I'm pregnant and my doctor says my pregnancy is "high-risk." What does this mean?
A "high-risk" pregnancy means that you have one or more things that raise your — or your baby's — chance for health problems or preterm (early) delivery.
Some of these things are:
- being 17 years old or younger
- being 35 years old or older
- being underweight or overweight before becoming pregnant
- being pregnant with twins, triplets, or other multiples
- having high blood pressure, diabetes, depression or another health problem
- having problems with a previous pregnancy, including premature labor or having a child with a genetic problem or birth defect
Not getting prenatal care, smoking, taking illegal drugs, and drinking alcohol also can cause health problems for a pregnant woman and her baby.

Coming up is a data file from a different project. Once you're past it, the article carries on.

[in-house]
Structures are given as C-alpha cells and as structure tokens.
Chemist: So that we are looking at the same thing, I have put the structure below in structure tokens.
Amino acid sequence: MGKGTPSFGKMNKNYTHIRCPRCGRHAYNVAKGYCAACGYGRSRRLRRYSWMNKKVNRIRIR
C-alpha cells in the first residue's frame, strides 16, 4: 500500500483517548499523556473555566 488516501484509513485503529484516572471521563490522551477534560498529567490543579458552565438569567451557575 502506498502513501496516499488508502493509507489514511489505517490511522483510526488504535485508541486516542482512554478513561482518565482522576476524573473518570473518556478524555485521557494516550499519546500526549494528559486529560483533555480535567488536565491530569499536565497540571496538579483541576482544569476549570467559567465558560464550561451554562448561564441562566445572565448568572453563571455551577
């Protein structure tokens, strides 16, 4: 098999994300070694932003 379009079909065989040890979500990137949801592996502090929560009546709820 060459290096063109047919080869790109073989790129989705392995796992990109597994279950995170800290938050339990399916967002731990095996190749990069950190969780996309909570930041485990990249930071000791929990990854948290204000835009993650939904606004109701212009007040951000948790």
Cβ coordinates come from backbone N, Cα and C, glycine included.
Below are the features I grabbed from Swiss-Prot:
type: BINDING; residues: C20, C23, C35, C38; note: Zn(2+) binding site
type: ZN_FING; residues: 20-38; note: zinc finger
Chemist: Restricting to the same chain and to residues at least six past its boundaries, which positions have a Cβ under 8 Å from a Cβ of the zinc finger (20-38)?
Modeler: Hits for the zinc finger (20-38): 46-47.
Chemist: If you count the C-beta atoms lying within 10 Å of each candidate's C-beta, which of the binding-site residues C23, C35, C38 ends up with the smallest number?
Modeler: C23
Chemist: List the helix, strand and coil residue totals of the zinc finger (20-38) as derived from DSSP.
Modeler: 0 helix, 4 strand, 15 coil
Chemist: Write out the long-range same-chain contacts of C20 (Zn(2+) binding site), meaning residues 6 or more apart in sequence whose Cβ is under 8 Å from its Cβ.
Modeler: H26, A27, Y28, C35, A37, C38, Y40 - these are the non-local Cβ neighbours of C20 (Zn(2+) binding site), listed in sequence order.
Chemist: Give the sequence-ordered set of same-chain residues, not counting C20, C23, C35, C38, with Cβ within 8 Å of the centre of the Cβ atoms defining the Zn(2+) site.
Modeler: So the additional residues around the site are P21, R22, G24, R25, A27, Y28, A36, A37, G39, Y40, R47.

Because your pregnancy is considered high-risk, it's important to work with your doctor or care team to get any health problems that can be managed under control.
Other tips for a healthy pregnancy include:
- See your doctor early on and throughout your pregnancy for prenatal care.
- Eat a healthy diet (getting plenty of fruits, vegetables, whole grains, lean meats, etc.) and exercise if your doctor says it's OK.
- Gain a healthy amount of weight (not too much or too little).
- Protect yourself from infections (including Zika). Be sure to wash your hands well and often; not eat raw meat, fish, or unpasteurized cheese; get any immunizations your doctor recommends; and use condoms to protect against STDs.
- Reduce stress in your life.
Note: All information is for educational purposes only. For specific medical advice, diagnoses, and treatment, consult your doctor.
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